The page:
# Flashcards

The yield curve is a plot of the yields of debt instruments of varying maturities, starting with short-term, then mid-term, and lastly long-term debt.

The yield spread is the difference in the yield that two distinct types of issuers must pay when selling debt of the same maturity. The yield spread is also referred to as the credit spread. Commonly the yield spread looks at the yields on corporate debt versus U.S. government debt, of the same maturity.

When an investor purchases a callable bond in the secondary market that is trading at a premium the most important yield to consider is yield to call (it is called yield to worst in this situation).

A bond’s yield to maturity takes into account the discount or premium paid for the bond and averages the gain (or loss) with the stated interest payment to calculate a yield over a period of time. When a bond is purchased in the secondary market at a discount, the most important yield for the investor to consider is the yield to maturity. A bond’s yield to maturity is also known as its internal rate of return.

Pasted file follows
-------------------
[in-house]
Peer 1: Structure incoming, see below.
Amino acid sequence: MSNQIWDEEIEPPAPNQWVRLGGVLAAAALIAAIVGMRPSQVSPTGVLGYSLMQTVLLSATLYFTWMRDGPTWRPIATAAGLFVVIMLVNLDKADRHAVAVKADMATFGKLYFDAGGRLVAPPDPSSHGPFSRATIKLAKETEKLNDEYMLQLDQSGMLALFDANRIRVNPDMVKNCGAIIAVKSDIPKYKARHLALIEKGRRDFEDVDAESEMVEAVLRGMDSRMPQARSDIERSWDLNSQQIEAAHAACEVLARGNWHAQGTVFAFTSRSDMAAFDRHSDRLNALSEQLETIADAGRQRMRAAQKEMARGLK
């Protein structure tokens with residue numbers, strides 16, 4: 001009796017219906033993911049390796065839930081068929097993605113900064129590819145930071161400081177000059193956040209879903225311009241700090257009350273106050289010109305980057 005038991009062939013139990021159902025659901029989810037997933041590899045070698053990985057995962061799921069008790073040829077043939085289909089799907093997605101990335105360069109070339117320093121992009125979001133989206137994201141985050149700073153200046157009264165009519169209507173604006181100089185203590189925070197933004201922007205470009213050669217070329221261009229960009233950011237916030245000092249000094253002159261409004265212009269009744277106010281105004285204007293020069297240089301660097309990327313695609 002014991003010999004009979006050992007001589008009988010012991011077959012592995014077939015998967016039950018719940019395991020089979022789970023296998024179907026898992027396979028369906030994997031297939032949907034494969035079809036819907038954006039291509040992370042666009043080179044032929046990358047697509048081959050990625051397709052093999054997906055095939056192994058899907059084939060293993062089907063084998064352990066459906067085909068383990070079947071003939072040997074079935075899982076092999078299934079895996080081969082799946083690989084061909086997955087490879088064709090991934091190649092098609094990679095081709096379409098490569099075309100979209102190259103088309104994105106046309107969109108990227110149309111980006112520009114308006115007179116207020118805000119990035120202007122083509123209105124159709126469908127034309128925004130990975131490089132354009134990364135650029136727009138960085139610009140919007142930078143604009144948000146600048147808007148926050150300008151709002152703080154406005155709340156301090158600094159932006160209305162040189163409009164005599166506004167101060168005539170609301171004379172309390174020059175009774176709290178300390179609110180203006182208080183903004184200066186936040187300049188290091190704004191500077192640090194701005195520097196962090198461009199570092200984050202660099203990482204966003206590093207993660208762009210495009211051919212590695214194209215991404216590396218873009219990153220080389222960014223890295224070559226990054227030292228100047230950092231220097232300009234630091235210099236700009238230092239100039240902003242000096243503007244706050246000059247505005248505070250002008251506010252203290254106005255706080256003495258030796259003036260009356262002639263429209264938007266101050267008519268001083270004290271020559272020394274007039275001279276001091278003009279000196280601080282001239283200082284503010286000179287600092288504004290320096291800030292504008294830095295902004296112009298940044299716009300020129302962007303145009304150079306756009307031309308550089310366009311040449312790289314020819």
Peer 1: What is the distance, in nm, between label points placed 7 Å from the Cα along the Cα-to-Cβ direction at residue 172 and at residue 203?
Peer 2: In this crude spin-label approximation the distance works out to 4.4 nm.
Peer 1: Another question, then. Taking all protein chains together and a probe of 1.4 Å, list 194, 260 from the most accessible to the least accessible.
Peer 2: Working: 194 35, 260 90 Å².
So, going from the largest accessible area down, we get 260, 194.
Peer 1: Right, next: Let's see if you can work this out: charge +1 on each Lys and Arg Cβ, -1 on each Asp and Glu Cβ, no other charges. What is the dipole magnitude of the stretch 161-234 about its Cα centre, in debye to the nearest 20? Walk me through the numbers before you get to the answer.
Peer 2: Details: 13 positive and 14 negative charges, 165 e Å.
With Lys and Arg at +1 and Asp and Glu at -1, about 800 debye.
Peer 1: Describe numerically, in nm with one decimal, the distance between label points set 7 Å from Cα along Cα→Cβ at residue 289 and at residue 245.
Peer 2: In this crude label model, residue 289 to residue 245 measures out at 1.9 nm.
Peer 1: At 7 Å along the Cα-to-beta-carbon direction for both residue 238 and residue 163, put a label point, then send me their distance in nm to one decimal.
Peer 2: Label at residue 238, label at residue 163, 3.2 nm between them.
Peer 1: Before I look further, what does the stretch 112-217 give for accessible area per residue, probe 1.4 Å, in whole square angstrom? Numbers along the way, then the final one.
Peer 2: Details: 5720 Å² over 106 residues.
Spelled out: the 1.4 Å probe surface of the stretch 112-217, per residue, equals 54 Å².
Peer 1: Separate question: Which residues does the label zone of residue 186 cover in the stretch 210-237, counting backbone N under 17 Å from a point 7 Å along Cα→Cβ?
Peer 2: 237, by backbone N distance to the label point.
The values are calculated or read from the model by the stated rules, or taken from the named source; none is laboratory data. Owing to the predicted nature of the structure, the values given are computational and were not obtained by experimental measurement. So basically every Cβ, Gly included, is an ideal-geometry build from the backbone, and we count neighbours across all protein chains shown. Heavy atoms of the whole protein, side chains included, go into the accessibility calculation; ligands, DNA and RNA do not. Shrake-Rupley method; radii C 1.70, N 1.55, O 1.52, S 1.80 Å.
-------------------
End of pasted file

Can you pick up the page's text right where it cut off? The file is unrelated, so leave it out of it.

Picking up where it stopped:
A zero coupon bond is a bond in which a broker-dealer has separated the interest payments from the principal amount. The zero coupon bond represents the principal only. Zero coupon bonds are sold at a discount. They are also called STRIPS (separate trading of registered interest and principal). Zero coupon bonds have the highest duration since the investor receives no interest payments. The interest that accrues on a zero coupon bond is taxed each year, making them fairly unpopular investments.